Catching Up is a recurring Seattle Times series taking a look back at prominent local athletes and where they are now. Take a trip down memory lane, or discover a new part of this town's sports history, with reporter Scott Hanson.

It seems only fitting that Steve Hawes’ 10-season NBA career ended in Seattle with the Sonics, the team he dreamed of playing for while starring at Mercer Island High School and the University of Washington.

Hawes, a 6-foot-9 center and the only UW player to average more than 20 points per game in three seasons (1969-72), realized his dream when the Sonics traded for him in 1983. But he had quite the journey before coming home, including stops in Venice, Italy, Atlanta, Houston and Portland.

“When I was 17, the Sonics came to Seattle, and I was smitten, and I snuck out to as many games as I could,” said Hawes, who lives in Queen Anne, and is one of four Huskies who played for the Sonics. “It was a dream come true (to play for the Sonics). We enjoyed every place we went to, but having the opportunity to come back to Seattle for the final two years was pretty mind-boggling. It was great to be around family and friends.”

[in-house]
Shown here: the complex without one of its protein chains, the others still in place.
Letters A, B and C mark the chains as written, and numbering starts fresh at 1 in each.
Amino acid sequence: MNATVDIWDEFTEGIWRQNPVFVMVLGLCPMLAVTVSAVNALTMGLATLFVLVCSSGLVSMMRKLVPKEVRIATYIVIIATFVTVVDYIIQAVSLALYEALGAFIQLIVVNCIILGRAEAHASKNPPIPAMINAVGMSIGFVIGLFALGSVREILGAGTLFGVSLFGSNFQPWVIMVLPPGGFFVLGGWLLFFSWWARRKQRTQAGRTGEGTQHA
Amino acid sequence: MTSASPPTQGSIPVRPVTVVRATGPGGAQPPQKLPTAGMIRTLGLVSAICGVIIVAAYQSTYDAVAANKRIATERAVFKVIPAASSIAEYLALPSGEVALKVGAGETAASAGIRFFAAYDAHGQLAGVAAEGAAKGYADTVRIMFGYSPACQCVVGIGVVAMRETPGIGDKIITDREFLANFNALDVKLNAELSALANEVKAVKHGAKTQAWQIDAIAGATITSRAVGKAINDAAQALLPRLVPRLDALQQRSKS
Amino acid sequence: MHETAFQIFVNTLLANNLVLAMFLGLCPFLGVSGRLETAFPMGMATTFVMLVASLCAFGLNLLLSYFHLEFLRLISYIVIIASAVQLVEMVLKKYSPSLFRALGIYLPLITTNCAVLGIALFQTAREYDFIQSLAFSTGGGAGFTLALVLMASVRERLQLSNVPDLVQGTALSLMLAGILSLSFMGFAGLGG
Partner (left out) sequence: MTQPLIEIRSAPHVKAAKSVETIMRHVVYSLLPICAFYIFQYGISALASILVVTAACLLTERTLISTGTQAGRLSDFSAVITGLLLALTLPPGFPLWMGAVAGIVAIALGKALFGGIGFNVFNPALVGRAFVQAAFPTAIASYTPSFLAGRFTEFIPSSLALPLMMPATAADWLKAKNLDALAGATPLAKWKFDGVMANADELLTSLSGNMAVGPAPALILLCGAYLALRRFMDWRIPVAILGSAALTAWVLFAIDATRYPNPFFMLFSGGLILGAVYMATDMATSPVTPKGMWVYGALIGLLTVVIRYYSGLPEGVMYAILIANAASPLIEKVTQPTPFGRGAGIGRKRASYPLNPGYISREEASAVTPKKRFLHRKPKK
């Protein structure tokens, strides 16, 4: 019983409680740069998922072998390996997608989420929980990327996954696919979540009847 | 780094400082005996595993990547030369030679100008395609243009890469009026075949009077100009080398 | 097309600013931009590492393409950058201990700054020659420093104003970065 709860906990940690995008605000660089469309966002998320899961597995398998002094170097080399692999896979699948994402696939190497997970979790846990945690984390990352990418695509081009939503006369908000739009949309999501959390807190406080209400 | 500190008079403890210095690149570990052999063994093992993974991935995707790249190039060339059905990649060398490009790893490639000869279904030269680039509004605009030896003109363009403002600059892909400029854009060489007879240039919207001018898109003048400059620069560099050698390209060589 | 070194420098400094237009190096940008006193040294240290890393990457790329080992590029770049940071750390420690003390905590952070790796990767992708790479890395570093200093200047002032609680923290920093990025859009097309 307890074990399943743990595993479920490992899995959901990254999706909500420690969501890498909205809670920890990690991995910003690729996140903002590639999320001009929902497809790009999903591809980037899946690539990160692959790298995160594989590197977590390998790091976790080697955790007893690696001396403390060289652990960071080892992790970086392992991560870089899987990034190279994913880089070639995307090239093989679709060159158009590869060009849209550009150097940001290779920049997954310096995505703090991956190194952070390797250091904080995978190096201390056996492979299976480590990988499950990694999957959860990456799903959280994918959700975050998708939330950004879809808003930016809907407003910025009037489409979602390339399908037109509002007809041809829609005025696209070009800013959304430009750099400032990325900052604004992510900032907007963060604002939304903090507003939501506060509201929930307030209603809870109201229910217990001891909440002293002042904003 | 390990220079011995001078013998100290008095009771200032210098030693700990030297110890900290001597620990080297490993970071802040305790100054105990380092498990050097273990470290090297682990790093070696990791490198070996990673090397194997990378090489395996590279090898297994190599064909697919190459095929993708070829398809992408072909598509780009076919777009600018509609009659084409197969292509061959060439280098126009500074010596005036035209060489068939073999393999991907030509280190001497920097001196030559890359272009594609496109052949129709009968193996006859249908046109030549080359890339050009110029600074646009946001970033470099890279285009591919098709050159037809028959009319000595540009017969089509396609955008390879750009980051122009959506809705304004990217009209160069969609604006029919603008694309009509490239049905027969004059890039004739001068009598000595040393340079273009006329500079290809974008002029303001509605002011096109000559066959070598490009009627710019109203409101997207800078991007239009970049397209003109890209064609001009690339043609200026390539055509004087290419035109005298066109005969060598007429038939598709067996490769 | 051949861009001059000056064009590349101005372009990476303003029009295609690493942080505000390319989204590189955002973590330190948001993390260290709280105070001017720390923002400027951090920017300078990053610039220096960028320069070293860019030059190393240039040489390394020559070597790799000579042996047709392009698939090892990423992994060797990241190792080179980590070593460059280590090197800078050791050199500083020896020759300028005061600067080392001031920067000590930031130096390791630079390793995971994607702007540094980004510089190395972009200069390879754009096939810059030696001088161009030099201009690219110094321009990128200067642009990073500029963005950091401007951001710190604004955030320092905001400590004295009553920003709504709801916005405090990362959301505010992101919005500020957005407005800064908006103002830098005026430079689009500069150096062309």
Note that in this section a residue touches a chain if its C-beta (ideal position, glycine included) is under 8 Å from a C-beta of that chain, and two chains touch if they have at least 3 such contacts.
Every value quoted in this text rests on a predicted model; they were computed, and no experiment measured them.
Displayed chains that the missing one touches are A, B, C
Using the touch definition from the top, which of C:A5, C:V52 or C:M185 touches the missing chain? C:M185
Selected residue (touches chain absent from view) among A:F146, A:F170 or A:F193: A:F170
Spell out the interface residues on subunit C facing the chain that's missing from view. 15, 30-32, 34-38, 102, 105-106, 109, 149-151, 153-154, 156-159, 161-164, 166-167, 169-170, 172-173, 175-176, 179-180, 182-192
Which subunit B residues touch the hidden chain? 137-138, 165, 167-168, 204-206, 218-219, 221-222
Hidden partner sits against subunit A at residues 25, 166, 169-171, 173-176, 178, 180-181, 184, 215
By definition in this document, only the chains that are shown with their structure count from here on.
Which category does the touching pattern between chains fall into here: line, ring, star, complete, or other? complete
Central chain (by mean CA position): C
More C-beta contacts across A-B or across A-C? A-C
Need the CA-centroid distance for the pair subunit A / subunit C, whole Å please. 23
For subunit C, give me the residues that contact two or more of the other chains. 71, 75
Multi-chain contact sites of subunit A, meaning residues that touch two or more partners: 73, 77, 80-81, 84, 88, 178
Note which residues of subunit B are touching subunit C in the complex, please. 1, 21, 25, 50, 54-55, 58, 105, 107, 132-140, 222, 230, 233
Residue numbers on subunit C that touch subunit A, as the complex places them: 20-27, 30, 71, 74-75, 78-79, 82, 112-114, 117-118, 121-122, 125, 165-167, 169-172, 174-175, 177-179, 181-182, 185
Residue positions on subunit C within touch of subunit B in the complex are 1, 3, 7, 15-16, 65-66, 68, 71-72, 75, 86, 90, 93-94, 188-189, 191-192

Hawes, 68, seemed destined for the NBA from the time he was scoring more than 28 points a game as senior at Mercer Island. That Washington would be his next step was much less certain.

“I went (to Duke) for a visit and I was 18 – my first time in the South – and it was really enchanting,” Hawes said. “The program was really solid, and I was ready to commit to Duke.”


Hawes called Duke coach Vic Bubas to let him know. But Bubas wasn’t in, so Hawes said he would call back later.

Later that day, Hawes got a call from new UW coach Tex Winter, who asked to meet with Hawes, who wasn’t keen on for playing for a struggling Husky team that had had one winning season in the previous six.

“I didn’t think that much would come with it,” Hawes said. “But again, I was 18 years old, and easily influenced. I had a great conversation with Tex. … I went home, did a list of the plusses and minuses, and it came out in favor of the Huskies. But if Vic Bubas had been in his office, I probably would have become a Dukie.”

That he didn’t was a huge break for the Huskies and Winter, who spent three seasons at UW during his Hall of Fame career. As for Hawes, he put up record-setting numbers that stand today, and helped turn the team around, culminating with a 20-6 record as a senior on a team that included younger brother Jeff.

In Steve’s three varsity seasons (freshmen were ineligible to play varsity), he averaged 20.8 points and 12.9 rebounds, both No. 1 for any Husky who played more than 25 games. He has the fourth-, fifth- and 11th-highest season-scoring averages in UW history and the No. 1 and No. 3 rebounding seasons (14.9 and 14.0).

“It means a lot to me,” Hawes said of his UW career, one of the greatest in school history. “You look back, and you realize it was pretty special. I had great, great teammates, and great, great coaching all four years.”